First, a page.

Censorship Vault: 2004 Taiwan Election and Fallout

From the features previously untranslated instructions from the archives of the CDT series (真理部指令).

State Council Information Office: We ask that website management personnel in all locales pay attention to the contents of [forum] posts over the next few days. Please delete all posts which touch upon the Taiwan elections! (March 20, 2004)


Taiwan’s 2004 election was an iron-hot race between Kuomintang (KMT) candidate Lien Chan and Democratic Progressive Part (DPP) incumbent Chen Shui-bian. Controversy heated up in February, when Pan-Blue Coalition campaigners were spotted courting businessmen–and Taiwanese fugitives–on the mainland. (The coalition comprises the KMT and other parties in favor of Chinese nationalism.) Then on March 19, the day before the polls opened, Chen and his running-mate Annette Lu were injured in an assassination attempt. Chen won the election by less than one percentage point, leading to street protests and Lien’s call for a recount. Lien’s wish was honored, but Chen still came out on top.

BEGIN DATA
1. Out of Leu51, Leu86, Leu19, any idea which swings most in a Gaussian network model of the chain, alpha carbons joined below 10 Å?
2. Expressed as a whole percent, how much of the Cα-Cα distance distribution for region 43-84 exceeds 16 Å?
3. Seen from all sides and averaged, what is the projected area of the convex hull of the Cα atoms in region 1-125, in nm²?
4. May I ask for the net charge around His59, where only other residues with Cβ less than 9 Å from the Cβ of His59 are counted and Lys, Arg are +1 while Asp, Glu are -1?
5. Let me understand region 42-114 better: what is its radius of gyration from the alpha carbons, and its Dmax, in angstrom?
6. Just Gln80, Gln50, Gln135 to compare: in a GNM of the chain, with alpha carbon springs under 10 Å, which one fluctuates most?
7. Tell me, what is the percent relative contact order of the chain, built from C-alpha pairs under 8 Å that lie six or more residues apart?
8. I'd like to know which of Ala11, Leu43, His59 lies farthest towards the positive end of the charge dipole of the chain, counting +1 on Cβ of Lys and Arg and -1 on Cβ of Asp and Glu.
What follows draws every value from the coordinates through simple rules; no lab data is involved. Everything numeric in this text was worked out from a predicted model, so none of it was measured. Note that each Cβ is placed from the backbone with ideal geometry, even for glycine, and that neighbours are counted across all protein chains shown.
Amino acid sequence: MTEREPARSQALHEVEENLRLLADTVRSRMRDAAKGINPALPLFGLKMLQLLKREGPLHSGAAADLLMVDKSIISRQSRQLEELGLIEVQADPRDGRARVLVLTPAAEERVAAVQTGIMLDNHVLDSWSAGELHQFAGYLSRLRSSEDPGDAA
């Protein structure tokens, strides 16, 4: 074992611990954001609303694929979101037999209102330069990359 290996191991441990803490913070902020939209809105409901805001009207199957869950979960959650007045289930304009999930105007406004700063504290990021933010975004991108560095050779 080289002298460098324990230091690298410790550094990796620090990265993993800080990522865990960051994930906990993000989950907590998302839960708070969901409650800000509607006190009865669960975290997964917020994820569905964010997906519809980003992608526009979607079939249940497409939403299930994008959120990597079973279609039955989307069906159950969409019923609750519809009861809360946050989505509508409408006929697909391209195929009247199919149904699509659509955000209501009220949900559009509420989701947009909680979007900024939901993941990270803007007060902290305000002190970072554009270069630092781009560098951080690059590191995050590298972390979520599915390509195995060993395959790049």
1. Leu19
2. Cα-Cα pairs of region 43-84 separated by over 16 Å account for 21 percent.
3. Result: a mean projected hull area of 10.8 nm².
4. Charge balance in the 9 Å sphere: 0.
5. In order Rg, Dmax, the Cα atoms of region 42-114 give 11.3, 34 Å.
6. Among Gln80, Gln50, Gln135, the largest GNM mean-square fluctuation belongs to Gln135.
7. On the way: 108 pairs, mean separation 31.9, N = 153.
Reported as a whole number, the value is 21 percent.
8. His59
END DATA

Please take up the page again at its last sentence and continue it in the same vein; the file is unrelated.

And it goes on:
Chen is the only president of Taiwan to date who is not a member of the KMT. Despite its historical enmity towards the Chinese Communist Party (CCP), the KMT is now pro-Beijing. The DPP, on the other hand, favors Taiwan independence.

Tang Shou-yi, a suspect in the 2004 shooting, was extradited from the mainland on January 25, 2013. He plead guilty to all charges on March 5.

These instructions, issued to the media and Internet companies by various central and local government authorities, have been leaked and distributed online. CDT has collected the selections we translate here from a variety of sources and has checked them against official Chinese media reports to confirm their implementation.

Since directives are sometimes communicated orally to journalists and editors, who then leak them online, the wording published here may not be exact. The original publication date is noted after the directives; the date given may indicate when the directive was leaked, rather than when it was issued. CDT does its utmost to verify dates and wording, but also takes precautions to protect the source.


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